(Photo via Armchair All Americans)
Georgia Tech has been no stranger to developing MLB-caliber catching prospects in their history as a program. Jason Varitek and Matt Wieters both played for the Yellow Jackets, as well as Mike Nickeas, who is now an assistant on the Georgia Tech staff. This recent success of sending quality catchers to pro ball should continue with junior backstop Joey Bart, who is not just the best available catcher for the June draft, but may be the highest catcher drafted since Joe Mauer was selected number one overall in 2011.
Most catchers in today usually have to decide if they will stick behind the plate or move off the position due to a need to focus on offense or defensive questions. However, Bart excels on both sides of the game and scouts and coaches, including Nickeas, are certain he will stick behind the plate long-term. “He’s truly a catcher,” said Nickeas in a recent phone interview about Bart. “We may have given him a first baseman’s mitt to keep his bat in the lineup in the past, but we wanted to keep developing his skillset behind the plate because that’s what he does.”
There’s no question that catching is a demanding job. Even Mauer and Buster Posey, two of the best catchers of this generation, have started to move off the position due to physical demands. Nickeas highlighted Bart’s durability and athleticism, which should give him a great chance to handle the physical rigors of catching in the majors. “It’s easier to be smaller and nimble as a catcher, but he’s blessed with great athleticism and has really worked on his flexibility,” Nickeas said. “It takes a very special player to stay behind the plate, and his athleticism is a huge asset”. Bart registers at a sturdy 6-foot-4, 225-pounds so he’s definitely on the larger side for an MLB catcher. Nickeas compared him to former Yellow Jacket Matt Wieters, a big catcher himself, and mentioned how Wieters’ athleticism has helped him stick behind the plate for nearly a decade.
Bart’s throwing arm is his best defensive trait. He threw out 40 percent of base stealers his freshman and sophomore years and gets strong reviews from recent scouting reports on his arm. But Bart will need more than just a strong arm moving forward with the emergence of new ways to measure catcher defense. According to Nickeas, Bart’s receiving and ability to frame pitches has dramatically improved this season from where he was a few years ago. “Joey’s aptitude [at framing] is very high, but it’s just like anything else,” Nickeas said of Bart’s work in that area of his defensive game. “It’s important to learn how to stick the ball first, and then learn how to manipulate a pitch to make it look like a strike. Joey can really stick a baseball now, and is also able to manipulate pitches properly which is not easy to do.”
Nickeas also speaks highly of Bart’s speed and quickness behind the plate – helping with his ability to block pitches in the dirt and pop time to second base. “He constantly surprises me with how quick he is,” Nickeas said. “He’s like a sprinter who doesn’t look like he’s moving but is really fast, and when you start timing things you realize how quick he can be behind the plate.”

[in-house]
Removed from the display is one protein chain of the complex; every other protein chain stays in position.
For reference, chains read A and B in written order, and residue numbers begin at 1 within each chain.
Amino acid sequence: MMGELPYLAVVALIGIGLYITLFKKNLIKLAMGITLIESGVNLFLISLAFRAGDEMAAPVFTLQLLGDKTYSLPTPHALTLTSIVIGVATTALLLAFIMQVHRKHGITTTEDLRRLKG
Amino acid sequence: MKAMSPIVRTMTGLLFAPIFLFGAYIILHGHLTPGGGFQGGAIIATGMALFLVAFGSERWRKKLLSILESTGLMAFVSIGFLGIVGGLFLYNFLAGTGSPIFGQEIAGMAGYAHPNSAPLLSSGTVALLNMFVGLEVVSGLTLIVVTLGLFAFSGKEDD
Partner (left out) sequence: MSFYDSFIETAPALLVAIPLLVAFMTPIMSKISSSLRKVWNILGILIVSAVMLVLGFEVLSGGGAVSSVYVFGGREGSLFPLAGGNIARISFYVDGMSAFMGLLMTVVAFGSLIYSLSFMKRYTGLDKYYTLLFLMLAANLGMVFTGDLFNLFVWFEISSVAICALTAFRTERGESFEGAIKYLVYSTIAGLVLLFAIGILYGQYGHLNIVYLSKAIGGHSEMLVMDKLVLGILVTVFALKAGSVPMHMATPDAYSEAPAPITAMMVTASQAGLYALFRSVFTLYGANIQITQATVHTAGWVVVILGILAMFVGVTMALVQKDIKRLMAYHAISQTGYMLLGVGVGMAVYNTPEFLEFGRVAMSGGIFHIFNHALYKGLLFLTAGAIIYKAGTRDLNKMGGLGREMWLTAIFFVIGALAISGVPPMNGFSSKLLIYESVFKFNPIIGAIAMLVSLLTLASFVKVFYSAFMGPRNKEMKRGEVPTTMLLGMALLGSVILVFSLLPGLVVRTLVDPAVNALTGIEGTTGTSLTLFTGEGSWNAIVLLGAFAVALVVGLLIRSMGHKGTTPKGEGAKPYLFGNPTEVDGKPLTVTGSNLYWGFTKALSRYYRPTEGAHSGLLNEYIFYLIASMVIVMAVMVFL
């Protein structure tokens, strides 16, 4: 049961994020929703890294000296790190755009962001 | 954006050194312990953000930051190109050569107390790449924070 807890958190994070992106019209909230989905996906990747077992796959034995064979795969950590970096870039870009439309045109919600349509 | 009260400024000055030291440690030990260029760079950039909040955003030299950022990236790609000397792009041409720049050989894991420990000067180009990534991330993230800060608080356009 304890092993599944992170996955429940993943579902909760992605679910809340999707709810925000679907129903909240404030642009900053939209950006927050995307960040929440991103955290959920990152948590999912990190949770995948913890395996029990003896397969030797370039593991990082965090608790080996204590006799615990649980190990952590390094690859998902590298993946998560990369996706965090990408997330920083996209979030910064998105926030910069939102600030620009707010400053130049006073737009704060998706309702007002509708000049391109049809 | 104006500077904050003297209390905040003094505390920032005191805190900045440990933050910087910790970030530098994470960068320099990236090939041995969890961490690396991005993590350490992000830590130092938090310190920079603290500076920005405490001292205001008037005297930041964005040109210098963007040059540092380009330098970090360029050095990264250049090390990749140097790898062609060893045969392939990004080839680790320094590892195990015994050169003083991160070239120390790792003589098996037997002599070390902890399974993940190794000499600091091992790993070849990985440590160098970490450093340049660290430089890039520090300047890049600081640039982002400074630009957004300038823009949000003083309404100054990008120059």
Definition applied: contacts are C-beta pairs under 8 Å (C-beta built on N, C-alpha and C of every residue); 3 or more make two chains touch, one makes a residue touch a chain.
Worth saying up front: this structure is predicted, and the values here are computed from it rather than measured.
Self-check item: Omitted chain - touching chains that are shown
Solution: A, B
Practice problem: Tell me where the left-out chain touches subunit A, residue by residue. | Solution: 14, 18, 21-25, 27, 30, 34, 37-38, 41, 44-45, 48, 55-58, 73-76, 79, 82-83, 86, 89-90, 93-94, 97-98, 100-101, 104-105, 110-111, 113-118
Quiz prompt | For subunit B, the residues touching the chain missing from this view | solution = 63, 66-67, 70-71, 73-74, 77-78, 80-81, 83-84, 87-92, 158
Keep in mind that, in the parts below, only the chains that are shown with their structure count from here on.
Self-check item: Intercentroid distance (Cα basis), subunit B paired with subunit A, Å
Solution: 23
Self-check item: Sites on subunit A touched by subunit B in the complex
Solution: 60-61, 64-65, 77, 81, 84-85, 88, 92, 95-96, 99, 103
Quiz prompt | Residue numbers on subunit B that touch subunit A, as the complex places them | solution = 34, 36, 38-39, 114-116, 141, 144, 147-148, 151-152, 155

Though defense may be Bart’s ticket a moving quickly through the minor leagues as a quality defensive backstop, he’s not all glove. In fact, Bart’s bat has progressed so much this spring that he would probably hear his name called in the first round of the June draft even if he didn’t play a premium position. Bart gets good reviews for his raw power, which showed up for the first time in games last season – Bart’s “offensive coming out party”, according to Nickeas. After just one home run as a freshman, Bart hit 13 last season and has 15 so far in 2018. That power improvement has led to an impressive .369/.478/.652 line this spring, with his on-base percentage currently a sitting as a one hundred-point improvement from 2017. “There were times last year where he would come out of his strikezone to try to carry the team,” Nickeas said of Bart’s approach in 2017. “He’s in a much better position this season with other hitters in the lineup where he can take a walk and let other drive him in. It shows a lot of maturity to do that, even though it’s hard with his talent and aggressive approach to take his walks.”
Bart was previously drafted by Tampa Bay out of high school in 2015, but his decision to play three years in Atlanta for the Yellow Jackets has proved fruitful – he’s currently rumored to be selected as high as the number two pick in June according to recent mock drafts from Fangraphs and MLB Pipeline. That pick is fittingly held by San Francisco, where Bart could be the eventual successor to Buster Posey behind the plate. Regardless, few in the industry see Bart lasting beyond the number five pick due to his unique, two-way talent that could provide immense value offensively and defensively, with more room to grow. “He’s just a wonderful canvas to start with that accelerates growth when you get into the skill of catching,” Nickeas said. “He has the work ethic to hammer those skills in and put in the time to develop those things, and I believe he’s just scratching the surface of his potential.”